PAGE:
A current commissioner and former chairman of the Federal Election Commission is sounding the alarm to Congress: his agency is being hijacked to attack the free speech rights of citizens.
Speaking before the U.S. House Committee on Administration, which has oversight of the FEC, Commissioner Trey Trainor warned Congress of a “disturbing situation.”
“The Federal Election Commission has become a weapon,” Trainor told the committee.
He cited the adoption of new procedures by the FEC allowing the agency, which operates under civil law procedures, to share information about its investigations with the Department of Justice. This allows the bureaucrats to facilitate secret criminal prosecutions against those accused of tripping over the agency’s regulations regarding citizen speech, without notifying them they are at severe risk.
Trainor pointed to the FEC’s investigation of Derek Utley, a man who was subjected to four-and-a-half years of harassment by the FEC because he anonymously created a Facebook page called “Elect Trump 2020” and spent $483 on ads to promote it.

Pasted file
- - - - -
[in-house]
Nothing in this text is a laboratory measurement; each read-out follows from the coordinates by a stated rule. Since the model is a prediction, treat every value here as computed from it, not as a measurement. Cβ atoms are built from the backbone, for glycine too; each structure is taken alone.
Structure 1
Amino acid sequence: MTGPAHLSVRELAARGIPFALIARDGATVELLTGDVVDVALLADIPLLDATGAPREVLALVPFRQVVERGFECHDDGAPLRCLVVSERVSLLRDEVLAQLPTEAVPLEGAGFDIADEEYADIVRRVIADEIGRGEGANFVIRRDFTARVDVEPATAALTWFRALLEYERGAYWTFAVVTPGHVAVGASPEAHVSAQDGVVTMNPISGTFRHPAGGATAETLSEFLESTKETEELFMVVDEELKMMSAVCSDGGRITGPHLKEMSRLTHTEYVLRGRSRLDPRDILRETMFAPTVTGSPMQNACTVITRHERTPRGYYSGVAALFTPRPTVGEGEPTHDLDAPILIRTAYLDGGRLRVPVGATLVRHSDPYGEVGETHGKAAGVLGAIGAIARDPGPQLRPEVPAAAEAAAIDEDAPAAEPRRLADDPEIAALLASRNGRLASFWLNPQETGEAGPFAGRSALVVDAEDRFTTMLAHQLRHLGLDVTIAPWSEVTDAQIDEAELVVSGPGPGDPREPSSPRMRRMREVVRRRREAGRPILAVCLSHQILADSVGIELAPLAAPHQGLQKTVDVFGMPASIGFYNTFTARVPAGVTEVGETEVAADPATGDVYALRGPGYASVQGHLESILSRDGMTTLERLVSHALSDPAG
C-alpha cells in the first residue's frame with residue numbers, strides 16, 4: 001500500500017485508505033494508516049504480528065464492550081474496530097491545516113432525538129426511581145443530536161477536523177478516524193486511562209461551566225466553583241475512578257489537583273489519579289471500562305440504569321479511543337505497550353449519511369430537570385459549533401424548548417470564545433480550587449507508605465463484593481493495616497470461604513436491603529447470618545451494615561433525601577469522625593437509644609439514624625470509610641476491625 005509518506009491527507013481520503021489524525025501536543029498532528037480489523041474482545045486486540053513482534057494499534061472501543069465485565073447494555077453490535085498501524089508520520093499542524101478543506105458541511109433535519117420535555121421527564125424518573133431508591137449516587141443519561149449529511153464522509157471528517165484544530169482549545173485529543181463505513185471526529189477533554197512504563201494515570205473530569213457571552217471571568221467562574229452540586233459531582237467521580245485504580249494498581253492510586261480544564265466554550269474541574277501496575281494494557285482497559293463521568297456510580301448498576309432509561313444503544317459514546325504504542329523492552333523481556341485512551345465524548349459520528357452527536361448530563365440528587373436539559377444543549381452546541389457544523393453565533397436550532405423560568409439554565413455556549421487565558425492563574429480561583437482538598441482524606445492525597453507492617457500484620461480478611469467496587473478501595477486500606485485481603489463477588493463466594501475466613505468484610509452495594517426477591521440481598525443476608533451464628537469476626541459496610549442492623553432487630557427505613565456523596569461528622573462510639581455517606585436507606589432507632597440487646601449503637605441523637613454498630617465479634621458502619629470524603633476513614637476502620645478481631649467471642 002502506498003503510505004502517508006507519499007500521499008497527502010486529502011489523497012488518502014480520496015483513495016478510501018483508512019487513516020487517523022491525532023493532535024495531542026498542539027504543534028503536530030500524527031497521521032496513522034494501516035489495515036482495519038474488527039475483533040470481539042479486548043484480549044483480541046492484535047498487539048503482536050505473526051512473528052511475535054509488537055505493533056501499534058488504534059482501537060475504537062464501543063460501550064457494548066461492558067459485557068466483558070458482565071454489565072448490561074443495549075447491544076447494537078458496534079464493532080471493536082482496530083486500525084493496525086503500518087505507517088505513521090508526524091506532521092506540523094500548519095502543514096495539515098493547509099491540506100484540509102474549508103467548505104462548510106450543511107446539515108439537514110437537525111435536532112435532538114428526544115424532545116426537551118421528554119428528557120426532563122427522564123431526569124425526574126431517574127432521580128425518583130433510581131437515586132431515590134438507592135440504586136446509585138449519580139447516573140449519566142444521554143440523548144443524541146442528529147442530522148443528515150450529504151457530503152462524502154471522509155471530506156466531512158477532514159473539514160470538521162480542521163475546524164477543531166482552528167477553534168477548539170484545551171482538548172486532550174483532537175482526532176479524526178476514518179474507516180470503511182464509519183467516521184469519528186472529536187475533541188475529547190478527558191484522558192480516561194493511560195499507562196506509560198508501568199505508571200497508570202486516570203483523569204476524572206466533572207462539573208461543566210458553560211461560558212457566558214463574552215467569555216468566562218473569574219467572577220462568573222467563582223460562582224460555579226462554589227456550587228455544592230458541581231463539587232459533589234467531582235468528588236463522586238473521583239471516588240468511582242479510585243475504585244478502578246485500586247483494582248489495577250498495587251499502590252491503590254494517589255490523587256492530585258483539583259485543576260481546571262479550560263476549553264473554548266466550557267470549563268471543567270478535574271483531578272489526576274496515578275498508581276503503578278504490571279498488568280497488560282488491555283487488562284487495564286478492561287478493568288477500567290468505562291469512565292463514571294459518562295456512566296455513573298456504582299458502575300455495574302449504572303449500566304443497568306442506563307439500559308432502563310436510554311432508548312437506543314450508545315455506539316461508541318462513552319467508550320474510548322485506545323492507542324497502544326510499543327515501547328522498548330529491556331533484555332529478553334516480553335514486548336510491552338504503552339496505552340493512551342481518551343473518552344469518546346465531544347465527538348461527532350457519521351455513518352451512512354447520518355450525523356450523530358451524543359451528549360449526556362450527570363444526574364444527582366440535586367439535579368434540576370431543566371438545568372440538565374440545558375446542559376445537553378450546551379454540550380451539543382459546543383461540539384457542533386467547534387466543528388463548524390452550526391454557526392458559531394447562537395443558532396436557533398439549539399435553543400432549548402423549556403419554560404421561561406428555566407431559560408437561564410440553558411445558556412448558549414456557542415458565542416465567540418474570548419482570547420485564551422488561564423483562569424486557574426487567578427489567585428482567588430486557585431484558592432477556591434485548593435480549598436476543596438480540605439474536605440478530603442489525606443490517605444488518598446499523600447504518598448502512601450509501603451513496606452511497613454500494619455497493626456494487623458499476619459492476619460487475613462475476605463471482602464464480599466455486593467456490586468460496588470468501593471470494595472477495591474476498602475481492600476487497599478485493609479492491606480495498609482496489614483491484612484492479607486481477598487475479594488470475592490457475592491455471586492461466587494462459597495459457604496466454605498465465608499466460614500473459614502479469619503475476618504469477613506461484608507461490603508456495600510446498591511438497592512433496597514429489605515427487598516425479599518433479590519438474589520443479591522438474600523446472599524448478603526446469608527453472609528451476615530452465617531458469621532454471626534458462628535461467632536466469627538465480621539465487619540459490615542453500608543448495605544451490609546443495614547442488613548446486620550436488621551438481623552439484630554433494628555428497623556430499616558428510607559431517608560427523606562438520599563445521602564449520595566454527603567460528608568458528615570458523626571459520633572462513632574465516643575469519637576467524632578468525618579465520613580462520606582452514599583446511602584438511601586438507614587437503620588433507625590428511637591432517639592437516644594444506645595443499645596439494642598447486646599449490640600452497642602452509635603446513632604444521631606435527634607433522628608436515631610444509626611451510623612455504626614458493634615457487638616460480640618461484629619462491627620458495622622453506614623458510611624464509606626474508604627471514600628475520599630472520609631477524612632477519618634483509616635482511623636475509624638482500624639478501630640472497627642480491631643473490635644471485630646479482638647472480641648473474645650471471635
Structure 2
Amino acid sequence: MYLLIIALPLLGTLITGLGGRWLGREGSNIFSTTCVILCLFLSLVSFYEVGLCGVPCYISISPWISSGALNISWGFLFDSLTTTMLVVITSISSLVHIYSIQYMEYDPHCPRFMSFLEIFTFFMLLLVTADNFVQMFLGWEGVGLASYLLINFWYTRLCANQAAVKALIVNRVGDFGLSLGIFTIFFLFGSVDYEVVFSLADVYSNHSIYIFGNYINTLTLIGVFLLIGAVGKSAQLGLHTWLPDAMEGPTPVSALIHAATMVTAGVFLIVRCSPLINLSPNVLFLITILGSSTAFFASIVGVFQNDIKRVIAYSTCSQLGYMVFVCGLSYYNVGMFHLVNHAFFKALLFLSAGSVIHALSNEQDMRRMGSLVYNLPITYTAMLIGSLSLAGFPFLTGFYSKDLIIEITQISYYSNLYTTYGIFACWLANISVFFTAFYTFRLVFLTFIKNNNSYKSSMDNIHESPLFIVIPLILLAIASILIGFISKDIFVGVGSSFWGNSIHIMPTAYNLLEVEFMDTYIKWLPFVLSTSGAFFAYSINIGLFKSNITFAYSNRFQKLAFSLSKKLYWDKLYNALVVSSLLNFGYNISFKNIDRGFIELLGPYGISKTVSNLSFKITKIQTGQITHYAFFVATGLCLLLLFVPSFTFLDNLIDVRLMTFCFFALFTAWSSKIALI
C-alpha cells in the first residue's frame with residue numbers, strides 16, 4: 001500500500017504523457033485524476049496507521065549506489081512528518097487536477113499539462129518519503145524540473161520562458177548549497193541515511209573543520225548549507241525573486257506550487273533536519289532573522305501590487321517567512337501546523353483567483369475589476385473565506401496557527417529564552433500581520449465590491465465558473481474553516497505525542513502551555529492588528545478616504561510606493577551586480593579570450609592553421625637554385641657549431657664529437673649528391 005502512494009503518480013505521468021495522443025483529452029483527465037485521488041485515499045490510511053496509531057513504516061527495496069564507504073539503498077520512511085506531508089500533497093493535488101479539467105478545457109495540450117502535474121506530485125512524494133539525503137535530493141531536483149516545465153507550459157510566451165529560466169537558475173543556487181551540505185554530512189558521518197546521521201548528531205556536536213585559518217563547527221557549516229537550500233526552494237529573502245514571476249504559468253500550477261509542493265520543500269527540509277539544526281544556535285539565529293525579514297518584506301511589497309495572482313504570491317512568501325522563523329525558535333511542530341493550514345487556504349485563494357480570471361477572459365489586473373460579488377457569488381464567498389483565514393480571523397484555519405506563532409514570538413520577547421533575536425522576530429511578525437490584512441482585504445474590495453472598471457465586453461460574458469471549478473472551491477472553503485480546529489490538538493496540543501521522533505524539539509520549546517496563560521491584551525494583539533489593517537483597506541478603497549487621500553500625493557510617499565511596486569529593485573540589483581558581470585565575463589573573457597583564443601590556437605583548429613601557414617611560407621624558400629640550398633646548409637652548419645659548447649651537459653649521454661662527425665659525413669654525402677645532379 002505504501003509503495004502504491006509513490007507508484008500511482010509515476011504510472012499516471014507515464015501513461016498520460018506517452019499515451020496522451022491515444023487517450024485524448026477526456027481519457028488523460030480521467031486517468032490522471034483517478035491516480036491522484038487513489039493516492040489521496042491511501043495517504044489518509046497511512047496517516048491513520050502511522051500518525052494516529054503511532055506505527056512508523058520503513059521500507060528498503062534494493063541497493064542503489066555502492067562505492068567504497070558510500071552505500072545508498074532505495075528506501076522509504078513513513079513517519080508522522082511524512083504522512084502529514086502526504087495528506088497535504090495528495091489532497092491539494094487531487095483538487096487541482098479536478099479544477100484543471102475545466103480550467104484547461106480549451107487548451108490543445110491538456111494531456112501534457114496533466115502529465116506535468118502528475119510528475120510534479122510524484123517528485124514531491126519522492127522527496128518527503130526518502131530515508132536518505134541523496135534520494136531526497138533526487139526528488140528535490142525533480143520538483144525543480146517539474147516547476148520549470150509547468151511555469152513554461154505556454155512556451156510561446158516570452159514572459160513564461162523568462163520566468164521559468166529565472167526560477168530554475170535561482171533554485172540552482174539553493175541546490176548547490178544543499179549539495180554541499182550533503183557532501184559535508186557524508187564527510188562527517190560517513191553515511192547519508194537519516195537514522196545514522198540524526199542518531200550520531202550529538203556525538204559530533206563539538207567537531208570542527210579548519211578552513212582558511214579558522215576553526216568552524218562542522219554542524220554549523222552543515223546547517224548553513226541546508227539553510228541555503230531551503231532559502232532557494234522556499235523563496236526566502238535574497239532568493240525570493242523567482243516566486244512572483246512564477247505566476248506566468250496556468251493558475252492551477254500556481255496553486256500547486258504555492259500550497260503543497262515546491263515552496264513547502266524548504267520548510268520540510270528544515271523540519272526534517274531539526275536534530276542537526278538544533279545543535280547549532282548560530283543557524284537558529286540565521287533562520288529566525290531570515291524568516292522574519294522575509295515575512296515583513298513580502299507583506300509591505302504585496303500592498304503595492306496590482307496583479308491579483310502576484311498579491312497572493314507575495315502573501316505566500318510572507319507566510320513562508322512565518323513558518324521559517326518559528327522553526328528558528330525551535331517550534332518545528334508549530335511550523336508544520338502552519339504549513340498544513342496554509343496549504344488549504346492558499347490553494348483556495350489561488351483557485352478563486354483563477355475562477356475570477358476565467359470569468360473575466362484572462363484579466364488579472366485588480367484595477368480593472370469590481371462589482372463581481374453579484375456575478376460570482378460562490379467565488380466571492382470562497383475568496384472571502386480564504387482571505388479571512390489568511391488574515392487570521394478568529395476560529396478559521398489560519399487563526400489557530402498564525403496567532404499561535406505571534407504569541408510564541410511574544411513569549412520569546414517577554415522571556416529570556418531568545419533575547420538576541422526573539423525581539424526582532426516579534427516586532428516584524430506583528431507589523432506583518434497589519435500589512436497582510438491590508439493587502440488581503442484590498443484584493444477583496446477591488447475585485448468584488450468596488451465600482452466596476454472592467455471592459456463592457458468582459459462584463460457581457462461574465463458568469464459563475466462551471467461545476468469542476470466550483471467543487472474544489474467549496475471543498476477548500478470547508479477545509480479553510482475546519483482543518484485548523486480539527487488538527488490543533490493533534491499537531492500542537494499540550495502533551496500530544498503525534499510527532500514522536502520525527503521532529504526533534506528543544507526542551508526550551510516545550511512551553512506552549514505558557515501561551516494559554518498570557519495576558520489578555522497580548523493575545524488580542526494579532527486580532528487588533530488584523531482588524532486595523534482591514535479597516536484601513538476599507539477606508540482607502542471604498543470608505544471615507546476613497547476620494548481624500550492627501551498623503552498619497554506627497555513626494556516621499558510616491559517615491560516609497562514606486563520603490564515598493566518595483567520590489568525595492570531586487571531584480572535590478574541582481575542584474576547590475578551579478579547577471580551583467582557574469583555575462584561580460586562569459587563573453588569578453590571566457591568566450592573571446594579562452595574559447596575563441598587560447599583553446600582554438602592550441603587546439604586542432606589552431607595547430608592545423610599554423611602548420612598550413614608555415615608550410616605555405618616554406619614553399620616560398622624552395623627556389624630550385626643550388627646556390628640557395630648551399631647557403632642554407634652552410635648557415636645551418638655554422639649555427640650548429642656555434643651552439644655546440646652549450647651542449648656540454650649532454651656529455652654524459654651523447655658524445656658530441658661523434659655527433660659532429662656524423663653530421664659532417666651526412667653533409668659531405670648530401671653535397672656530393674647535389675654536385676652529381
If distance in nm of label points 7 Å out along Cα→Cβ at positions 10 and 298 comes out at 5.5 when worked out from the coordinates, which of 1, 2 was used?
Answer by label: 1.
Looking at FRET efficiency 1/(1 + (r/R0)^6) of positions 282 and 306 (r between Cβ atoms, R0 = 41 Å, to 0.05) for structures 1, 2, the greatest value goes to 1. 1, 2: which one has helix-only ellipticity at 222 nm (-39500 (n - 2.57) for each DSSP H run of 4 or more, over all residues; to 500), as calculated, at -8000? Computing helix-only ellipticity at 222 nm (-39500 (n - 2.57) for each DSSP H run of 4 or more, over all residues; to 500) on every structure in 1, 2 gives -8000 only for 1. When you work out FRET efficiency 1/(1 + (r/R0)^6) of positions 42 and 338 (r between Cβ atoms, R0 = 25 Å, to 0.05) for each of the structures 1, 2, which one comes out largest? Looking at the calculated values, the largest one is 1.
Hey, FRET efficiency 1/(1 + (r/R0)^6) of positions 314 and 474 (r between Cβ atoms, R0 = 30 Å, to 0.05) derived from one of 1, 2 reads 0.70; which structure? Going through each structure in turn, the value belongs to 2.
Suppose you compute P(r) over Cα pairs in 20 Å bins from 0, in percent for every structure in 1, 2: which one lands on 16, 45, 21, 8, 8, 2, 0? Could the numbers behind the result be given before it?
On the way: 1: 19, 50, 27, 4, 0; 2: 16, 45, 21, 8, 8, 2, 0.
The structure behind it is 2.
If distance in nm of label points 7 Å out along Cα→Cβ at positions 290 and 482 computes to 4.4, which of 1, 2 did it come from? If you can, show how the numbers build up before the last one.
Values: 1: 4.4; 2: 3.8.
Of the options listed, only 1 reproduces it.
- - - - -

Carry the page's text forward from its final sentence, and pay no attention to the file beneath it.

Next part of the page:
“Mr. Utley’s case is the textbook example of how the process is becoming the punishment,” Trainor commented.
He added that, while Utley’s case was ultimately closed, he never received any exoneration or apology for the four years of investigation to which he was subjected.
Utley’s case was launched when the far-left group Common Cause filed complaints against him, based on a “poorly sourced news article” that had falsely claimed he spent over $34,000 on the Facebook ads.
According to Trainor, there have been an uptick in vague “unknown respondent” complaints filed with the FEC regarding alleged illegal speech about federal candidates. These complaints allow the FEC to drag citizens into closed-door hearings in Washington D.C. to investigate whether their civic participation was conducted in compliance with the nation’s byzantine speech regulations.
In reaction, Congressman Greg Murphy (R-NC) agreed with Trainor, stating that he is also concerned about the weaponization of federal agencies against citizen speech. On the other hand, Congressman Norma Torres (D-CA) stated that she was “disturbed” that the Supreme Court has said anonymous speech is constitutionally protected.
The most significant Supreme Court case on anonymous speech is McIntyre v. Ohio, a 7-2 decision in 1995 authored by liberal Justice John Paul Stevens with a dissent from conservative Justices Antonin Scalia and William Rehnquist. In that case, the Court ruled that the State of Ohio could not fine an elderly woman for distributing leaflets opposing a local school tax hike which she signed “Concerned Parents and Taxpayers” rather than including her personal name and address.